Overall, trabectedin can be considered more than a cytotoxic drug on the basis of the combination of multiple mechanisms of action, which provide the chance for a more multifaceted activity than initially formulated. Through these mechanisms trabectedin is likely to impact on relevant biological pathways involved in cancer biology, which may influence disease outcome.
Trabectedin pharmacokinetic features and Phase I studies
Trabectedin shows a high plasma protein binding (94%–98%), and a longer terminal half-life; in a population pharmacokinetic review on single agent trabectedin administered according to different schedules, the terminal half-life resulted at around 180 hours.31 Moreover, the distribution volume at steady state was generally reported to be large (up to 4,000 L) in the weekly administration as well as in the 3-weekly schedules.32–39
Trabectedin is metabolized in the liver mainly by the CYP3A4 enzyme, but also through the CYPC29, CYP2C19, and CYP2D6 isoenzymes and glutathione transferases.40 The major involvement of CYP3A4 isoenzyme in trabectedin metabolism in vivo may have some clinical implications. The interaction between trabectedin and pharmaceutical agents which share the same metabolic pathway cannot be excluded;41 moreover, the consequences of the higher levels and faster conversion performances of CYP3A4 in female human microsomes have to be taken into account.42 At the end, almost 60% of the drug is eliminated in the feces and only 6% in the urine.43,44
Table 1 summarizes the studies investigating the safety and assessing the maximum tolerated dose (MTD) for trabectedin used as single agent;32–39 different dose escalation and schedules have been explored, including 3-weekly schedules (1 day, 1-hour to 72-hour infusion; 5 consecutive days, 1-hour infusion), or every 4 weeks schedule (1 day, 1-hour to 3-hour infusion) (Table 1).
Table 1 Phase I studies with trabectedin as single agent
Neutropenia and thrombocytopenia were reported as the most frequent dose-limiting toxicities (DLT). Hepatotoxicity consisted mainly of elevation of transaminases; this toxicity was consistently reported to increase with trabectedin area under the curve (AUC), although it was always reversible (duration between 3–4 weeks), and not dose limiting.32 Moreover, hepatotoxicity was even lower when the dose was divided over 5 days compared to the single-dose schedule.37
Escalation of trabectedin was also investigated in patients with alteration of hepatic function stratified according to the basal levels of alkaline phosphatase (AP); MTD was defined only in the subgroup of cases with AP between normal and ≤1.5 mg/m2, and results equivalent to 1.3 mg/m2, while there were critical issues in full enrollment of patients with more elevated AP level. Interestingly enough, there was no difference in serum level of markers of liver function (bilirubin, transaminases, etc) according to different serum AP levels;39 this finding has been confirmed in a pharmacokinetic analysis in which no relation was evident between AP or transaminase levels with trabectedin pharmacokinetics.31 In conclusion, as far as the available data are concerned, trabectedin (at the dose of 1.3 mg/m2) can be utilized in patients with mild hepatic dysfunction, who nevertheless should be closely monitored.39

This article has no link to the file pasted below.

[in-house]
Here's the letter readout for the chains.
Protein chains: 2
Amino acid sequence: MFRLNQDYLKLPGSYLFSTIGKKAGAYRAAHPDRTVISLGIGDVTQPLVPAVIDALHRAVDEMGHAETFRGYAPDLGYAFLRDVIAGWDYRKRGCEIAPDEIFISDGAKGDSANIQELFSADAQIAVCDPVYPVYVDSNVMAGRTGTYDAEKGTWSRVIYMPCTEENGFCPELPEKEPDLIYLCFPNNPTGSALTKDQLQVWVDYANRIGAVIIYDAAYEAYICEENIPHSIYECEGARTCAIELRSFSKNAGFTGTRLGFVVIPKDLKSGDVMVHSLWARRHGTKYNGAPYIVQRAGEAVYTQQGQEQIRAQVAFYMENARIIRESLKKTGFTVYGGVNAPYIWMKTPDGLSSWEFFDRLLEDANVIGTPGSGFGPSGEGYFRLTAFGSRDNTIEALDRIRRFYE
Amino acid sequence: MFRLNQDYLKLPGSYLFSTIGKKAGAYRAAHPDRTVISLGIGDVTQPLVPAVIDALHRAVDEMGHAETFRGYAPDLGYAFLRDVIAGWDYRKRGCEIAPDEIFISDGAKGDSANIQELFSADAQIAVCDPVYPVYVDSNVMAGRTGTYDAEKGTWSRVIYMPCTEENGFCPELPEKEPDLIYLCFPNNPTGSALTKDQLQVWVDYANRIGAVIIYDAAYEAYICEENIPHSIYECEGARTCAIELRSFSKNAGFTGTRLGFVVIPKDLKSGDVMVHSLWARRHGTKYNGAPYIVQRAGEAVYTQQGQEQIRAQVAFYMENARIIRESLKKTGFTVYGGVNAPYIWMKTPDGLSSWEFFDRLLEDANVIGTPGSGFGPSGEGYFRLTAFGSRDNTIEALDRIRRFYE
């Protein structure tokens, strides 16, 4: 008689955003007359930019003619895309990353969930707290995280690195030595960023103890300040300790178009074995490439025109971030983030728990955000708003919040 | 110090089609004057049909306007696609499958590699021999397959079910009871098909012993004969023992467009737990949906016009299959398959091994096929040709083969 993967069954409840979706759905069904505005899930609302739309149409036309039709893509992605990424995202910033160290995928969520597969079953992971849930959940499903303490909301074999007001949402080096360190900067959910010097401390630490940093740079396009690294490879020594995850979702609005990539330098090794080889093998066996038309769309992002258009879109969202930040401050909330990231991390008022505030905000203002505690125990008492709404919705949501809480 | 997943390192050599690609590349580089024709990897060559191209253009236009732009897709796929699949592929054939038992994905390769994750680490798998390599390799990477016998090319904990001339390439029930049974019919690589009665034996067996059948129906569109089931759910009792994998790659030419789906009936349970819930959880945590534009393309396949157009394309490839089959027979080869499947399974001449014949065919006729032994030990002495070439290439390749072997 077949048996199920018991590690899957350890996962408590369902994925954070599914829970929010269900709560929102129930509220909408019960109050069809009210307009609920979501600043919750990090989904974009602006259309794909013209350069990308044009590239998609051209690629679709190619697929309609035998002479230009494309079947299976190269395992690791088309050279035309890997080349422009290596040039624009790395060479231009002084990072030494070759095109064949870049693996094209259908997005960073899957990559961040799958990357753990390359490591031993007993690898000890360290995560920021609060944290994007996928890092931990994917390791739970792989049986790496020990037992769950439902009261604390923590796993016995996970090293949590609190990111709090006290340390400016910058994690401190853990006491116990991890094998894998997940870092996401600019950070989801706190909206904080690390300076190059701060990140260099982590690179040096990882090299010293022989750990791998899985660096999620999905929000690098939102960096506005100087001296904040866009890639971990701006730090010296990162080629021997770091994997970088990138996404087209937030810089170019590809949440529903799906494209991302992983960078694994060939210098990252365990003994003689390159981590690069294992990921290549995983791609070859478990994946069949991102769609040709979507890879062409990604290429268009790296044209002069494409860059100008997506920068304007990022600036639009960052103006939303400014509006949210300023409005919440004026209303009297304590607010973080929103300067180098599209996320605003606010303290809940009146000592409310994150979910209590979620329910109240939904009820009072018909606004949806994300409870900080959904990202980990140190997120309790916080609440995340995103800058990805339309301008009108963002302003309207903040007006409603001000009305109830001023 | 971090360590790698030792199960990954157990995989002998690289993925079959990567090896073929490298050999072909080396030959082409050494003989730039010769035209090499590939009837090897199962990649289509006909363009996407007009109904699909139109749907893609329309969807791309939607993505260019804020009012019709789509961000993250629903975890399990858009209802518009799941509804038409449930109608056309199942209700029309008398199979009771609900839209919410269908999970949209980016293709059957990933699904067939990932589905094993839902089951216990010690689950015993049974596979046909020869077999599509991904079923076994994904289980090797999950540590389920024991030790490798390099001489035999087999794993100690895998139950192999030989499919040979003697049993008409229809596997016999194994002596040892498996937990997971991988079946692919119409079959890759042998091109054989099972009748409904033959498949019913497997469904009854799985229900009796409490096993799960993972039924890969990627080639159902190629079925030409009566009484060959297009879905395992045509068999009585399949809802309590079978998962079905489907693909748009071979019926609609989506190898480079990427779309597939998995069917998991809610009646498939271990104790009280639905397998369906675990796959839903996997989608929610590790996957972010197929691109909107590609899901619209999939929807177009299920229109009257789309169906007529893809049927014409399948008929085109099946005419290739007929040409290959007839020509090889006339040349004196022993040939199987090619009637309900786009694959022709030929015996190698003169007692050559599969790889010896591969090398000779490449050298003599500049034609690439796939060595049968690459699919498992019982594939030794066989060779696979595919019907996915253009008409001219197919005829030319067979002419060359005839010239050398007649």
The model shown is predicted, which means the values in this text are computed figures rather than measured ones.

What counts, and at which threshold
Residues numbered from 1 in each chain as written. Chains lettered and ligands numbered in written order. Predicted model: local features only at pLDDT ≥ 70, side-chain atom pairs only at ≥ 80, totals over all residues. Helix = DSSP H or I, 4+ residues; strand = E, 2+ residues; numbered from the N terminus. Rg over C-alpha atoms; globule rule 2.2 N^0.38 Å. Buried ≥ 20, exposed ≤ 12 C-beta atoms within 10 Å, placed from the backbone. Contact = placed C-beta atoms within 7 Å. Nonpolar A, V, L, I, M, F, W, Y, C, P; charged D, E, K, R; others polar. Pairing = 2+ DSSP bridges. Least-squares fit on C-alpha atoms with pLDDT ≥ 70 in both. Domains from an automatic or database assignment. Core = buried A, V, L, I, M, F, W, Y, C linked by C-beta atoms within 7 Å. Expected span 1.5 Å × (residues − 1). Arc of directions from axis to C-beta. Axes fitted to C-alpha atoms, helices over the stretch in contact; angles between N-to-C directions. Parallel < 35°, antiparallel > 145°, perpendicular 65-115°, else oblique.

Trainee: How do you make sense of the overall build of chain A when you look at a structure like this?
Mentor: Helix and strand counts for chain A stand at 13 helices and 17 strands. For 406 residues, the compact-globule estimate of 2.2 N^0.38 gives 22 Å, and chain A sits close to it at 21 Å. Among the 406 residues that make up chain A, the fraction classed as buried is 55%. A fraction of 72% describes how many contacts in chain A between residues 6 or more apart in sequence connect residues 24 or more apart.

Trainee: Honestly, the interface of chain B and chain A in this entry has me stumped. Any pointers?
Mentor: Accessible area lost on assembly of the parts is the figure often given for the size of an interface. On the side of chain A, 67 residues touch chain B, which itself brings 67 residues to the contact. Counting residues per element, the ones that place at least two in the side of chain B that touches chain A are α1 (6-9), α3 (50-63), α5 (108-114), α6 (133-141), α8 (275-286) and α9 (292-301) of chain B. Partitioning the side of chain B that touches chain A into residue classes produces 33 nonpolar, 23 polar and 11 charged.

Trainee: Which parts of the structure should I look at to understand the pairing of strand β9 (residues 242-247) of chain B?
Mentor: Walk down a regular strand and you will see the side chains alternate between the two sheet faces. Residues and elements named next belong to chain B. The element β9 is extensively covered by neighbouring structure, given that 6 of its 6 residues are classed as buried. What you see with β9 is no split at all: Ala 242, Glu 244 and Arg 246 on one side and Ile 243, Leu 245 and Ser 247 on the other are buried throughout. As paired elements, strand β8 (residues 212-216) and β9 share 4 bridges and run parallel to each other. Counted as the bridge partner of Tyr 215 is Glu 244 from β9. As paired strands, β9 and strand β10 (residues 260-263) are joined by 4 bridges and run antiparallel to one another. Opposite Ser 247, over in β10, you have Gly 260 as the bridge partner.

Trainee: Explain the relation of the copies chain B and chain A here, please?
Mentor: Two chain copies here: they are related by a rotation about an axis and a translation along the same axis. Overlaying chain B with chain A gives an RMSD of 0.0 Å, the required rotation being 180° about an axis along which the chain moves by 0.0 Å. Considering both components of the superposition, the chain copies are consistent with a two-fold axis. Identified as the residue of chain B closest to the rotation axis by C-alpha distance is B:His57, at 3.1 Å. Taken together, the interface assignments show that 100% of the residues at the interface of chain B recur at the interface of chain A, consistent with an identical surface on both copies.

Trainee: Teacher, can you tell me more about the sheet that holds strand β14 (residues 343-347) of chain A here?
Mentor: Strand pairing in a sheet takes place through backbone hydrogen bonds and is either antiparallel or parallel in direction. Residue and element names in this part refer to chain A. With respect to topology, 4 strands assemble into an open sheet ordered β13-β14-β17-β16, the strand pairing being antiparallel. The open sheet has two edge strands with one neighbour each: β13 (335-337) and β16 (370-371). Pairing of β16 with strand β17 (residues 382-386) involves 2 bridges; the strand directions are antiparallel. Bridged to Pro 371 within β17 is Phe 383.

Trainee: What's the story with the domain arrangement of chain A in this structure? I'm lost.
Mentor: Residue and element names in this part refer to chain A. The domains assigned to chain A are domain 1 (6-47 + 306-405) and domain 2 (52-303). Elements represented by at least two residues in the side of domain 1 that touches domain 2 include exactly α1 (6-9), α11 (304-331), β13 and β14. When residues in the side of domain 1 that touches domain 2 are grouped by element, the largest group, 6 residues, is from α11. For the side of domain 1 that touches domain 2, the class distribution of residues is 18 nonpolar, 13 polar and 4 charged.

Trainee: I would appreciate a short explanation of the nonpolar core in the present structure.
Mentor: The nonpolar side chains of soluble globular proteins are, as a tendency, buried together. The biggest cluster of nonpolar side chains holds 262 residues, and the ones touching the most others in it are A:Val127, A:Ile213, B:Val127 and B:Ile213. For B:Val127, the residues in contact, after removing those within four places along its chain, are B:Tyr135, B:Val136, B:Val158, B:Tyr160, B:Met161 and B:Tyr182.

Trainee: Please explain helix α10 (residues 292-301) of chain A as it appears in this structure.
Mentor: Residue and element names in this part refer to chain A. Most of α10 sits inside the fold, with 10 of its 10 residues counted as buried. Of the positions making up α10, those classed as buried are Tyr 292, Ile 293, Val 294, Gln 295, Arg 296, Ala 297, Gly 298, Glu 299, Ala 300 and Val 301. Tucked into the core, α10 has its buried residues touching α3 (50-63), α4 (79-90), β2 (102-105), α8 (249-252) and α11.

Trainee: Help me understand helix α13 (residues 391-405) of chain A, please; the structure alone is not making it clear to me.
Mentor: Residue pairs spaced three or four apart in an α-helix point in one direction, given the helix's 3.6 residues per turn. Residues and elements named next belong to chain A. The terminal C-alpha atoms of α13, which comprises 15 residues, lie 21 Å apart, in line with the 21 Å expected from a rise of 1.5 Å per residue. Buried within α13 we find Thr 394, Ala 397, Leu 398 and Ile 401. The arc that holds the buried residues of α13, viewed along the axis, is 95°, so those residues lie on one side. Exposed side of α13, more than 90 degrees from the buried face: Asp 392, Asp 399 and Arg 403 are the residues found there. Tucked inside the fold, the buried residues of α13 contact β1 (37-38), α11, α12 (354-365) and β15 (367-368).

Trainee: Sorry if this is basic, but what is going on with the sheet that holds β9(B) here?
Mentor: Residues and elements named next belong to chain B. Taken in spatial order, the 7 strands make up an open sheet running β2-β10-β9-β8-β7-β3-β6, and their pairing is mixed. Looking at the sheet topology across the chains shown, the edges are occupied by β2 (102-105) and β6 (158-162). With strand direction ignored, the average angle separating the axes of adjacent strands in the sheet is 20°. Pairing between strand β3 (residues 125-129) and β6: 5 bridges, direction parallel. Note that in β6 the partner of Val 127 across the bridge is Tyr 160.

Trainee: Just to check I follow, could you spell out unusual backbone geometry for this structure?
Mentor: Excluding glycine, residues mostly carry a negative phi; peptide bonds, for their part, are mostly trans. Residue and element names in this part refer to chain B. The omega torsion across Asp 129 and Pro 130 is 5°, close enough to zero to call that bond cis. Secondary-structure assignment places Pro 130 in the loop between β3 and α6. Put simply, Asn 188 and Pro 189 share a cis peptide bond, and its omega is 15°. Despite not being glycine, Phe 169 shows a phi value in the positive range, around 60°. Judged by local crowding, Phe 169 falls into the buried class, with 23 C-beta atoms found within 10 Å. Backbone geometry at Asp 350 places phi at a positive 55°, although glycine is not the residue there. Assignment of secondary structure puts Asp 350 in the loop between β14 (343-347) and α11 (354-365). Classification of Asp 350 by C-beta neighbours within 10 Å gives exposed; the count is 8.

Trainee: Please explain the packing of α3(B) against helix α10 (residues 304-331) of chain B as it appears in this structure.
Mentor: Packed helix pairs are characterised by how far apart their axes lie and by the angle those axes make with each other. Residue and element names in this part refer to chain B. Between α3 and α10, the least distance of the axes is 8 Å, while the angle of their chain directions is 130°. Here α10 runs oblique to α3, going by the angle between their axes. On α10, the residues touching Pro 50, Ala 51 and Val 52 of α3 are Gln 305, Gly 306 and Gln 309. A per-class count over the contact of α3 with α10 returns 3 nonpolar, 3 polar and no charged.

A summary of the Phase I studies with trabectedin in combination is provided in Table 2. The rationale for exploring the combination of trabectedin with platinum compounds relies on the available evidences about the molecular target of the two drugs. Platinum agents hit the major groove of DNA, thus inducing DNA damage which is repaired by the HRR system. On the other hand, trabectedin activity requires an efficient NER machinery.23,25 Moreover, earlier preclinical studies have demonstrated a synergistic effect of the combination.45 In 2009, Sessa et al46 published a Phase I study investigating cisplatin (40 mg/m2, Days 1 and 8, every 21 days) combined with escalating dose of trabectedin (from 0.3 to 0.7 mg/m2); 39 patients were treated in the dose-finding step, and ten patients were enrolled in the expansion part of the study. MTD of trabectedin was 0.7 mg/m2, with neutropenia representing the most common DLT, while the recommended doses (RD) were 0.5 mg/m2 and 0.6 mg/m2 in the previously treated and naïve patients, respectively. Other toxicities were represented by nausea/vomiting (67%), asthenia/fatigue (55%), and reversible transaminases elevation (51%). Confirmed partial responses were reported in four of 13 evaluable ovarian cancer patients, and in one patient with uterine leiomyosarcoma.46 Since the 3-weekly administration was considered to be responsible for a higher neutropenia and liver toxicity, a Phase I study utilizing the 3-weekly schedule was planned47; the regimen consisted of cisplatin at a fixed dose of 75 mg/m2, 1-hour intravenous infusion, followed by escalating doses of trabectedin in a 3-hour infusion, with both drugs administered on day 1. Two DLTs, grade 4 neutropenia longer than 7 days duration and grade 3 vomiting despite standard antiemetic therapy, occurred at the starting dose of trabectedin (0.75 mg/m2); therefore, the immediately lower dose (trabectedin 0.60 mg/m2) was evaluated in a total of eight patients. No DLTs occurred, and this was declared the recommended dose. Two out of five ovarian cancer patients experienced partial response to treatment (response rate, 17.0%; lasting 4.1 and 8.4 months, respectively), and it is worth noting that five patients had stable disease (including sarcoma, ovarian and breast cancer patients). These results, which are comparable to those obtained with the weekly schedule, and also with results from the Phase I study utilizing trabectedin combined with carboplatin, showed that the 3-weekly schedule is feasible, tolerable, and able to produce some antitumor activity.